Esophagectomy with lymphadenectomy is still the most important treatment for esophageal carcinoma, while neoadjuvant chemoradiotherapy is recommended for locally advanced disease.  Gamboa et al. found that 20% of patients with EASC who received preoperative chemoradiotherapy had a pathologically complete response, which was similar to that of patients with EAC, and recommended that EASC should be treated more like EAC rather than ESCC. However, as it is difficult to obtain an accurate pathological diagnosis in preoperative esophagoscopic biopsy, most of these patients received surgical resection directly and received an accurate diagnosis from the resection specimens. It is reasonable to evaluate the value of postoperative adjuvant therapy in these patients. Our study showed that adjuvant chemotherapy was an independent predictor for patients with EASC after resection. Patients who received adjuvant chemotherapy had significantly better survival than patients who did not receive adjuvant chemotherapy. However, adjuvant radiotherapy did not improve survival for patients with EASC after resection.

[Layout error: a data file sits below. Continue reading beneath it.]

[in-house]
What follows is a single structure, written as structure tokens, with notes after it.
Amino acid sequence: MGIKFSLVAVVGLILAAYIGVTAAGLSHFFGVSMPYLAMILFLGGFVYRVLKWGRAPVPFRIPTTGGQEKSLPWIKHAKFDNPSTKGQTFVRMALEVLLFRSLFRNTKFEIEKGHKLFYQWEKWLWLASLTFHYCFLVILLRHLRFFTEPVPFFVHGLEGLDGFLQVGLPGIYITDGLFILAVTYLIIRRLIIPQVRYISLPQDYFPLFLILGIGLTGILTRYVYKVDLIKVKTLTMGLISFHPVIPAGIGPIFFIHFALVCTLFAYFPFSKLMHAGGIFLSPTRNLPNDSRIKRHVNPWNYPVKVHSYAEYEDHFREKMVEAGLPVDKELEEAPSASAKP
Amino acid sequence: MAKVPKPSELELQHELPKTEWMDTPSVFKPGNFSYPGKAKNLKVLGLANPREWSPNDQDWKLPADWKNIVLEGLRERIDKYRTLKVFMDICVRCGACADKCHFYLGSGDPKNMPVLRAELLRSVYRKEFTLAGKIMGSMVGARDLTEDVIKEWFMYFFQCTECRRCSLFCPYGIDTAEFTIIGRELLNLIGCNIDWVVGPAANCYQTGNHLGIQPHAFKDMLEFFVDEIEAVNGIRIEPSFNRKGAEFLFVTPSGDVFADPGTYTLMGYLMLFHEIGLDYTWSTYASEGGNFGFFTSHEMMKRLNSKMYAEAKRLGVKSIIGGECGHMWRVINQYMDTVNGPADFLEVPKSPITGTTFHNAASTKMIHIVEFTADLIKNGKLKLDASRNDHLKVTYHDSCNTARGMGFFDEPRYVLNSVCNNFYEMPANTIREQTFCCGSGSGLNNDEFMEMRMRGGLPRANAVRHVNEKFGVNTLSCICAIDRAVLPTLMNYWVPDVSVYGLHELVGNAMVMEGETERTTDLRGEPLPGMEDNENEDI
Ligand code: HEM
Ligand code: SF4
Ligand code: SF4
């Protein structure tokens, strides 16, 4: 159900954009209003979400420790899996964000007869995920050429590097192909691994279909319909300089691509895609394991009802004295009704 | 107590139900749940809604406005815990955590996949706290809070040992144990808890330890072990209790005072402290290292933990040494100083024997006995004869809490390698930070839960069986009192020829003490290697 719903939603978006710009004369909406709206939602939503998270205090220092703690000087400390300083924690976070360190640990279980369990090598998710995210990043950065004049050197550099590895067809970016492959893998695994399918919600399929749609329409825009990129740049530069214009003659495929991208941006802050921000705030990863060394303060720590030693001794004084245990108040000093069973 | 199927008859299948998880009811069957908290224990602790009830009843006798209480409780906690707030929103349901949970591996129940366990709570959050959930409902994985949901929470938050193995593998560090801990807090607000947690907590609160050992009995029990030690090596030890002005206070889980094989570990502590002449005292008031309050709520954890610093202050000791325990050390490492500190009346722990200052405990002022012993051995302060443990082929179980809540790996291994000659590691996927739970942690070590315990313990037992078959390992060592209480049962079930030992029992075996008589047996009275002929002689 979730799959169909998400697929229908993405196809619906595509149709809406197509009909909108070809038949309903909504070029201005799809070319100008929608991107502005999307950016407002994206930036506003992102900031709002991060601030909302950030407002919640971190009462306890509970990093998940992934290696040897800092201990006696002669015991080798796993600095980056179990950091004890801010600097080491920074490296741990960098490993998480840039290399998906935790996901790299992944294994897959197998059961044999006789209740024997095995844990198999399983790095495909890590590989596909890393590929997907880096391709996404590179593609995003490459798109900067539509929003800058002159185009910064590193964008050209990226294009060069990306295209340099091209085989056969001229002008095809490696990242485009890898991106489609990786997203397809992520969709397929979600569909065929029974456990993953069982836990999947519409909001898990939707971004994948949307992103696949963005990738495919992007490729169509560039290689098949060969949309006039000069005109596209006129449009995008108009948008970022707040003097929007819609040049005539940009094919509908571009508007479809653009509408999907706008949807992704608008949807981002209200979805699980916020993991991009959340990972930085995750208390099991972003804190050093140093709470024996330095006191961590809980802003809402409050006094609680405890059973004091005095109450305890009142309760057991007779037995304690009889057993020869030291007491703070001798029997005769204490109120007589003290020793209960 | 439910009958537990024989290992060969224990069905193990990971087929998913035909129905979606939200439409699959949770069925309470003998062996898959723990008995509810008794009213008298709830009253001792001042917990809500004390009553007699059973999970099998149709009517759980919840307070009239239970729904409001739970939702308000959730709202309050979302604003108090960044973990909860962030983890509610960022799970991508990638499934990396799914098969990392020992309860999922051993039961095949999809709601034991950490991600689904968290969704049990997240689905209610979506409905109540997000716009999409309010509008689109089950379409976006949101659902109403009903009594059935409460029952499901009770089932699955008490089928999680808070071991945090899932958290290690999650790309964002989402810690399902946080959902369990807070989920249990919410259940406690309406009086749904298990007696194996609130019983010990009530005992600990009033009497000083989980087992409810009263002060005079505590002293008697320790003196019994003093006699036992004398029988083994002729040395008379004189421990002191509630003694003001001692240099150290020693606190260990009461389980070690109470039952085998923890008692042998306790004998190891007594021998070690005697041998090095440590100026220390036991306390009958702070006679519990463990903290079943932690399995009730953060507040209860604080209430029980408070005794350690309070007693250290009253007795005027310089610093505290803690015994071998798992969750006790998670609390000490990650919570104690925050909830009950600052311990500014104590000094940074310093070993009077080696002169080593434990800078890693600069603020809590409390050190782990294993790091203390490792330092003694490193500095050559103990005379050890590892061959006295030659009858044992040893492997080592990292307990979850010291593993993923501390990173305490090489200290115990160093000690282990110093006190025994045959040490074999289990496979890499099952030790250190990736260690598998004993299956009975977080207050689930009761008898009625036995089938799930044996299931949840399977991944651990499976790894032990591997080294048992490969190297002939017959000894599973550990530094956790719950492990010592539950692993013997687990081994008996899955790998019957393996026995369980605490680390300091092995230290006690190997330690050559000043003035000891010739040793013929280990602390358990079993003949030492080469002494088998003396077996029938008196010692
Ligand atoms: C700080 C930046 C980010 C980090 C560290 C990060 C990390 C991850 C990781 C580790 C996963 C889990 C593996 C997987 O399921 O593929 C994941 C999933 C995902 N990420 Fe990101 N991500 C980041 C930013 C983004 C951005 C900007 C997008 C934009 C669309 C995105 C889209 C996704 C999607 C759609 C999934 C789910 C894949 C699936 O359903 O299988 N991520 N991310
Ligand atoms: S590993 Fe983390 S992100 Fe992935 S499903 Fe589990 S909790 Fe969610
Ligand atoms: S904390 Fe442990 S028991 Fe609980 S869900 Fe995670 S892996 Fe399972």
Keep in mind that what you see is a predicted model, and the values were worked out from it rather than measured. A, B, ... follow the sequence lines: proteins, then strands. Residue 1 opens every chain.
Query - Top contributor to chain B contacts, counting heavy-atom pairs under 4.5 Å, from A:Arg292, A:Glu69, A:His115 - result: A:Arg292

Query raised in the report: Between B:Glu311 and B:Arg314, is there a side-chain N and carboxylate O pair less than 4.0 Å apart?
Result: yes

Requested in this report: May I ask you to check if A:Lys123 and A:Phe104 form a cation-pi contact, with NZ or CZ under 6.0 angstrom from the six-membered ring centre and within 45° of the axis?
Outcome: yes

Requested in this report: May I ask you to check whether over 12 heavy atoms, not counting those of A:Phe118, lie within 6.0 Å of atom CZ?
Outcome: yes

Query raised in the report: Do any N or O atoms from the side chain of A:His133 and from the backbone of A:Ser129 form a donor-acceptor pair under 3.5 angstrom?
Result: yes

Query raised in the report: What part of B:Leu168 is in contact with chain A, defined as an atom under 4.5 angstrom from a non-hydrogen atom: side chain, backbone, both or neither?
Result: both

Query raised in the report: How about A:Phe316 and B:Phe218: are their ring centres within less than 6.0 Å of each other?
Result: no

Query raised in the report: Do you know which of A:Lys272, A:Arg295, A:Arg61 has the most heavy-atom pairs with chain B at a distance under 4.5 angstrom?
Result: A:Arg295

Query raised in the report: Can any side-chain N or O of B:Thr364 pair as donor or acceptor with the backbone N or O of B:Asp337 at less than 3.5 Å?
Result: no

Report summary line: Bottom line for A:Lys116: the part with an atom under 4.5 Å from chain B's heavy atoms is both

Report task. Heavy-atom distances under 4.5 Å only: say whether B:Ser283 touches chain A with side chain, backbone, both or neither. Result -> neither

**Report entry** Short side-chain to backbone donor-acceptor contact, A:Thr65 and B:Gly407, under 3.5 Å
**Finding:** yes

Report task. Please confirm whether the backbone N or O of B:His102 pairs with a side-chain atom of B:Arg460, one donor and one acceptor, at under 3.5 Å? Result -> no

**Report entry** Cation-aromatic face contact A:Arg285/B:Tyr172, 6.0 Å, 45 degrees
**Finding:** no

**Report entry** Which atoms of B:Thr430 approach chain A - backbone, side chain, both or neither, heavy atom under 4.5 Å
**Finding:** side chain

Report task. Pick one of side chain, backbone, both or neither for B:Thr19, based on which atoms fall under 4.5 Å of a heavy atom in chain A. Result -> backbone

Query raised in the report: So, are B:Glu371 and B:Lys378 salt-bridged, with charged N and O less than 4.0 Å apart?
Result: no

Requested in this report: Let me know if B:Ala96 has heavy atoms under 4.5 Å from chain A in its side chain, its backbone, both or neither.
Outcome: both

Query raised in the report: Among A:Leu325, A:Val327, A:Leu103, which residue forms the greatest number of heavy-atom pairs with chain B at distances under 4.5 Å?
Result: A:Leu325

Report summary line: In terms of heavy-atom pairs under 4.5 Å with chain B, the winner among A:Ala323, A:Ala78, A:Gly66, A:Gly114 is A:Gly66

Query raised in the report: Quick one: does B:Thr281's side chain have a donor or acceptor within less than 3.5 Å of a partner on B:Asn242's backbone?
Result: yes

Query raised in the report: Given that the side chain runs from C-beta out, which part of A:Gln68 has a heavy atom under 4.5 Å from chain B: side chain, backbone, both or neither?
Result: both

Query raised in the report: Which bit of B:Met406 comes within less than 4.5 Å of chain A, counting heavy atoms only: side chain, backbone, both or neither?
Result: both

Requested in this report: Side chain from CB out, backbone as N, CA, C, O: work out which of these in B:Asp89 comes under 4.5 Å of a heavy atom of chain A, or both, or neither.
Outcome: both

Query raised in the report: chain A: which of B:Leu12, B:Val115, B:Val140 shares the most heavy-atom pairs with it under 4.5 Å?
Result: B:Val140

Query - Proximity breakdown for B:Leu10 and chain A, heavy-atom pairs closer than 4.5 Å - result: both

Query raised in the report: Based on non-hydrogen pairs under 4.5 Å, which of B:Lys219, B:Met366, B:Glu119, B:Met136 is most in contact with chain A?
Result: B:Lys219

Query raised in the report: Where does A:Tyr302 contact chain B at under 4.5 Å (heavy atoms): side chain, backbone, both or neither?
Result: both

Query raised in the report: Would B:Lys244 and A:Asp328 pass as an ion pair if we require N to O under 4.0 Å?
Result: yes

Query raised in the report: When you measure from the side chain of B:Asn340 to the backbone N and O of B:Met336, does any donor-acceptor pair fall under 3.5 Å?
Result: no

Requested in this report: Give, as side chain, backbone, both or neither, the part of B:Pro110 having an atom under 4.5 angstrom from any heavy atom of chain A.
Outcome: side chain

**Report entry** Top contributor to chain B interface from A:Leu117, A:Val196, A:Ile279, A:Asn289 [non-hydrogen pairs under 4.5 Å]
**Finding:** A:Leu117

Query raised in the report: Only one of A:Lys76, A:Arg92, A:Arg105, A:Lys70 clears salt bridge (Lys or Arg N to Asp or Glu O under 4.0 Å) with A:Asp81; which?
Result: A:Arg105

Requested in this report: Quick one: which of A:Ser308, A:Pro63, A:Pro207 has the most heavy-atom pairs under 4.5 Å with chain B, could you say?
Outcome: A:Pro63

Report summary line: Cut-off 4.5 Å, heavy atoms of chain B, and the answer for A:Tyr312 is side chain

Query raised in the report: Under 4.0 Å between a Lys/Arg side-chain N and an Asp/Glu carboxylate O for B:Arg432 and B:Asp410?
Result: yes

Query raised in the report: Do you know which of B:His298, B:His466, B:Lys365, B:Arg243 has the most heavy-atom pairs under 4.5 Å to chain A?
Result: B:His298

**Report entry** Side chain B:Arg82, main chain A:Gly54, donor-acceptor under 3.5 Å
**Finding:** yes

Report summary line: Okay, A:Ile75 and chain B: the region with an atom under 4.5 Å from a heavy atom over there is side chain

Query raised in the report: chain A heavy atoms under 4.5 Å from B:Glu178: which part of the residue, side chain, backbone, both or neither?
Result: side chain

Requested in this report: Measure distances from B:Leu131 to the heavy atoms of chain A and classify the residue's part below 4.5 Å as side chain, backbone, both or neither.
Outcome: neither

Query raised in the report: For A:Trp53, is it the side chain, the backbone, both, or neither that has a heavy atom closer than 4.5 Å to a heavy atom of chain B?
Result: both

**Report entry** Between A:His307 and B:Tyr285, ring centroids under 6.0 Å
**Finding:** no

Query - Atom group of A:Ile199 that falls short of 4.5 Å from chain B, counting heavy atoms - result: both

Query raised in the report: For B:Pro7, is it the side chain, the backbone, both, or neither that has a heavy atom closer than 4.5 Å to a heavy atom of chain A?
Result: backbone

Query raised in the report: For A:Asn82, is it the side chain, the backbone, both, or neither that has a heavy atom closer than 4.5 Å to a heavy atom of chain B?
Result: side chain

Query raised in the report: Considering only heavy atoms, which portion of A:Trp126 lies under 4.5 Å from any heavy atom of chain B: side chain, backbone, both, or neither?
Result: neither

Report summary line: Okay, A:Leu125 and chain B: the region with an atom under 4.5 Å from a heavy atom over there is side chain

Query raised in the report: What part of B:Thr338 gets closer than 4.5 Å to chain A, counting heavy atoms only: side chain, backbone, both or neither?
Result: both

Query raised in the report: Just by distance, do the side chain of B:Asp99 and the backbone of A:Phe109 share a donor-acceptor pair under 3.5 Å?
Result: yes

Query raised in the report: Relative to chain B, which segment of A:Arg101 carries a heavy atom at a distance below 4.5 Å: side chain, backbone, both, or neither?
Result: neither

Because of the rarity of EASC, the prognosis of this disease is still controversial. Most of the previous studies showed that EASC might be more aggressive than ESCC. [4,5,7,16] However, Yendamuri et al. reported that the survival was equivalent between patients with EASC and ESCC, but 32.7% of patients with EASC underwent surgical resection in their study, while only 15.9% of patients with ESCC underwent surgical resection. Yachida et al. even found that EASC had a better prognosis than ESCC; however, half of the patients (9/18) in their cohort had T1 disease. Our previous study showed that the prognosis of EASC was similar to that of poorly differentiated ESCC but was significantly poorer than that of well- or moderately differentiated ESCC.  However, none of the previous studies matched the clinicopathological characteristics of patients with EASC and ESCC before survival analysis, which might contributed to these inconsistent results. In the current studies, We used PSM analysis to balance the baseline characteristics between patients with EASC and ESCC before survival analysis, and our results that the prognosis of EASC was similar to ESCC might be more reliable than previous studies.